Categories

Come on in! Join Pinterest today...it only takes like a second or so.

Visit Site
Elaine Rogers
Elaine Rogers • 1 year ago

The Centralia Massacre was an incident during the American Civil War in which twenty-four unarmed Union soldiers were captured and executed at Centralia, Missouri on September 27, 1864 by the pro-Confederate guerrilla leader William T. Anderson. Future outlaw Jesse James was among the guerrillas. In the ensuing Battle of Centralia, a large detachment of Union mounted infantry attempted to intercept Anderson, but nearly all of them were killed in combat.

Related Pins

William T. "Bloody Bill" Anderson (1839 – 1864) was one of the deadliest and most brutal pro-Confederate guerrilla leaders in the American Civil War. Anderson led a band that targeted Union loyalists and Federal soldiers in Missouri and Kansas. In this badly preserved photo, Anderson lies dead after shooting it out with a Union Army detachment lead by Lt Col Samuel P. Cox near Richmond, Missouri. Historian James Reid posits that Anderson suffered from sadistic personality disorder.

William T. “Bloody Bill” Anderson (1838 – 1864) was a notorious Confederate guerrilla leader with whom Jesse James associated for a brief period during the Civil War.

Massacre at Centralia Missouri Bloody Bill Anderson 1864 U s Civil War Card

A Black Union Solder and his wife during The Civil War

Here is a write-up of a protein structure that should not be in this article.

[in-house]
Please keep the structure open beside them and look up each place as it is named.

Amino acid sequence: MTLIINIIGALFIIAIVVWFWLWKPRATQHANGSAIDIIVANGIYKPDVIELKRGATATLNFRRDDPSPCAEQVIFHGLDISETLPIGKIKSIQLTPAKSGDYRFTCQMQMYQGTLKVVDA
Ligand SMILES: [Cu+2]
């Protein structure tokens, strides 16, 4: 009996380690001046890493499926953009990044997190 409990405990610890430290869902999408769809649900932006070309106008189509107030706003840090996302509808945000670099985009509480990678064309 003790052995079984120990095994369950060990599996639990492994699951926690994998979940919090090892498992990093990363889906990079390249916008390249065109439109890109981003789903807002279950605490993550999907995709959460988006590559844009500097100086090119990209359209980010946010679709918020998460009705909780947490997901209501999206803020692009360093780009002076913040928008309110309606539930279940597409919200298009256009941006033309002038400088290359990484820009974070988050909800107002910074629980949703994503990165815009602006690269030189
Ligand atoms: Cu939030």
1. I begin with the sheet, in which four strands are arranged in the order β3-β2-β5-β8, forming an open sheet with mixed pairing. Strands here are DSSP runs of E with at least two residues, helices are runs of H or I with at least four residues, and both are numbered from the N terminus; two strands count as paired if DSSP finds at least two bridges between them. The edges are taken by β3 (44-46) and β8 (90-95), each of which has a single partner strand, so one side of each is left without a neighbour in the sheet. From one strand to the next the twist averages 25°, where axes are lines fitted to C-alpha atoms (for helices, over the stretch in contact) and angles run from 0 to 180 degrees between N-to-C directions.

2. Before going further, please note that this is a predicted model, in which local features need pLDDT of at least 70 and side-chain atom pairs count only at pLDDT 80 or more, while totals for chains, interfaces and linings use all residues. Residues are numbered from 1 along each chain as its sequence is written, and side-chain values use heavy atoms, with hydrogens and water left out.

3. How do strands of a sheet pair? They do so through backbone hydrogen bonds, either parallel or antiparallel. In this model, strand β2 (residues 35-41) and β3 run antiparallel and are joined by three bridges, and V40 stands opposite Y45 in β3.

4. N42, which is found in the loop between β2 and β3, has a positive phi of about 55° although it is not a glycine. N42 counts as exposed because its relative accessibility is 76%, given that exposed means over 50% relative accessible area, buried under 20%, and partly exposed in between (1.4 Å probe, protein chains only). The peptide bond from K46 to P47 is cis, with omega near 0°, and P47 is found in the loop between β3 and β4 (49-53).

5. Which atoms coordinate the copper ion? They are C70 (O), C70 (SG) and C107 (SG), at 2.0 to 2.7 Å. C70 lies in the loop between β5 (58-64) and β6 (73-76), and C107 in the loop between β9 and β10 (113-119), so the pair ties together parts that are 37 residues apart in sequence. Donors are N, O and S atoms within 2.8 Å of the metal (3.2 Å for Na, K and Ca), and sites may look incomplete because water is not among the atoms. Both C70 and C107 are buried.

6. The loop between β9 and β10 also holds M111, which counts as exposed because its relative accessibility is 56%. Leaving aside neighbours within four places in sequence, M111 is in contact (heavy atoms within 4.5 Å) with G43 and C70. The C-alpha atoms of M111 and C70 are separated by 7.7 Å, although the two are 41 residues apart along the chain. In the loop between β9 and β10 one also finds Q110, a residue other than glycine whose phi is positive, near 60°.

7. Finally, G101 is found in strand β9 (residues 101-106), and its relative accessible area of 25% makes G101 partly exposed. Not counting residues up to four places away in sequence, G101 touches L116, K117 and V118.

• Karin Rutherford

    Psst - I've been told that this is from the 1850's Crimean War... Pass it on ;)

Frank and Jesse James in 1872. The James brothers were Confederate guerrillas in Missouri during the Civil War.

Archie Clement (January 1, 1846 – December 13, 1866), a.k.a. "Little Arch", was a pro-Confederate guerrilla leader in the American Civil War, known for his brutality towards Union soldiers and pro-Union civilians in Missouri.

John Jarrette was a member of William Clarke Quantrill’s Guerrillas. He Rode with Quantrill during the raid on Lawrence, Kansas in 1863, and with Bloody Bill Anderson during the massacre at Centralia, Missouri 1864. After the war, Jarrette joined the Jesse James gang, and was a suspect in the robbery of the bank in Kentucky in 1868. In the photo he wears a captured Union waistbelt plate in the photo.

William "Bloody Bill" Anderson's body photographed and on display for public viewing hours after his death in Richmond, Missouri by Colonel Cox and his Union forces. Anderson, noted Southern Guerrilla leader often riding with Quantrill, his body was found with a string that had 53 knots - symbolizing each person he had killed.

Unknown Black Confederate soldier... Confederate cemetery. Chattanooga, Tennessee. (Unknown soldiers graves are not unusual from the Civil War nor were black soldiers - they fought on both sides as did Native Americans)

American Civil War. Confederate common soldier

During the Civil War, Missouri was in constant turmoil from raids by heavily armed bands of marauders loosely affiliated with the Confederate army. Federal troops fought more than 1,000 battles in Missouri—mostly with guerrillas. But these numbers mask the level of violence because they do not include attacks on civilians. Ordinary persons felt the dread of uncertainty when riders approached their homes. Were they Union soldiers or guerrillas in blue coats taken off soldiers they had ambushed?